When in September 2013 the Tyrone NGA organised a commemoration for the three Provisional IRA members killed in an ambush at Drumnakilly outside Omagh, up to 2,000 locals attended the event supported by the families of those killed. The Sinn Féin commemoration on the following day attracted significantly smaller crowds.

Opposition to Sinn Féin manifested itself in the rapid rise of organisations like éirígí, the 1916 Societies, and the Republican Network for Unity in republican areas throughout Ireland.

However, a parallel development emerged unnoticed by the public. Experienced former Provisional IRA reorganised the IRA.

On April 2, 2011, Ronan Kerr was killed by a booby-trap bomb planted outside his home in Killyclogher near Omagh. Like the death of the PSNI officer, it is suggested that the attack on a British army base in Masserene, Co Antrim, can be attributed to those who later formed the New IRA, although the Real IRA then claimed the latter attack.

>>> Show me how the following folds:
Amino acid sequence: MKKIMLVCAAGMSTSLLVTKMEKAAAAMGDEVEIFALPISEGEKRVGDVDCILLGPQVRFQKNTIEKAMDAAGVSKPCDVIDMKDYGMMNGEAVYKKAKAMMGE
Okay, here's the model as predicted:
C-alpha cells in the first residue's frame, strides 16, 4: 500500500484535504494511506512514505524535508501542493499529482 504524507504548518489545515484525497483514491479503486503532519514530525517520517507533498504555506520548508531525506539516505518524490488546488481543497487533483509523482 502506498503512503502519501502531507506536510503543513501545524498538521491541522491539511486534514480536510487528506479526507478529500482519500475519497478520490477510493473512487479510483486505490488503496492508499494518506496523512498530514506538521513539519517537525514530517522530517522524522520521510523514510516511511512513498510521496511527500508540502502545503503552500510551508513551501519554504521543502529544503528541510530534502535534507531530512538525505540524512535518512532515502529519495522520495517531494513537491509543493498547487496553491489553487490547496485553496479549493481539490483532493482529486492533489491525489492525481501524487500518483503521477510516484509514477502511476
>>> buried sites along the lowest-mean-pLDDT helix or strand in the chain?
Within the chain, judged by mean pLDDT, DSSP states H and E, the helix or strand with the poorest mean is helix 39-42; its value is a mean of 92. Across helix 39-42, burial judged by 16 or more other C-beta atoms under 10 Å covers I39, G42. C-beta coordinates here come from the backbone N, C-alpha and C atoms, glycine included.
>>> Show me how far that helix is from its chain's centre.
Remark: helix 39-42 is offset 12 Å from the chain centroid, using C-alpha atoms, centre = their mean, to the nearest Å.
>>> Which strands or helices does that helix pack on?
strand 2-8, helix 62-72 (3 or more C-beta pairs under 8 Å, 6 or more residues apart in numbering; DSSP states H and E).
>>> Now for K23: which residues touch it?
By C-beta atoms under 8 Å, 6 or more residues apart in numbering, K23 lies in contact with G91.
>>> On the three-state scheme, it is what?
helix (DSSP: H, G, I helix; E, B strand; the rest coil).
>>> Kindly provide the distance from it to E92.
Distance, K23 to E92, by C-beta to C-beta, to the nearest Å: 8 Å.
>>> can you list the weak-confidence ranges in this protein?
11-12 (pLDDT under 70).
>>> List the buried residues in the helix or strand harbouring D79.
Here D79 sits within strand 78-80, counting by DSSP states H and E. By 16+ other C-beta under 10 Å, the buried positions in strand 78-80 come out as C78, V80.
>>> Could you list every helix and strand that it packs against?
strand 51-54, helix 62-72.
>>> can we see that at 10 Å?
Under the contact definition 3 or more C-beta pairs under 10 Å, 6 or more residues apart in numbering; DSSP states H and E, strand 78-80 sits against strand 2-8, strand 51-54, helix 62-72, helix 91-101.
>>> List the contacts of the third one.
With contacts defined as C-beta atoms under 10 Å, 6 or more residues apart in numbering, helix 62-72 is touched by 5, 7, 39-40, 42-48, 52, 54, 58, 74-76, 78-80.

Other former Provisionals emerged under the name of “Republican Action Against Drugs” in North Derry and West Tyrone, tackling criminality and drug-dealing in nationalist areas. In this way, they filled a policing vacuum left by the distrust for the PSNI that existed since the Troubles.

In July 2012, these alienated former Provisionals joined forces with some sections of the Real IRA, then the largest of the dissident republican paramilitaries. In November 2012, the new group killed Maghaberry prison officer David Black. Another victim was prison officer Adrian Ismay in 2016.

While the group pursued a low-level campaign of violence against the PSNI in the North, the amalgamation faced fierce opposition from Real IRA members in the Republic. Following the killing of Dublin Real IRA leader Alan Ryan in September 2012, militant republicanism was riddled by a deadly feud in the Republic. Among those believed to be victims of the feud were Alan Ryan’s brother Vincent, Deccy Smith, Peter Butterly, and Aidan O’Driscoll.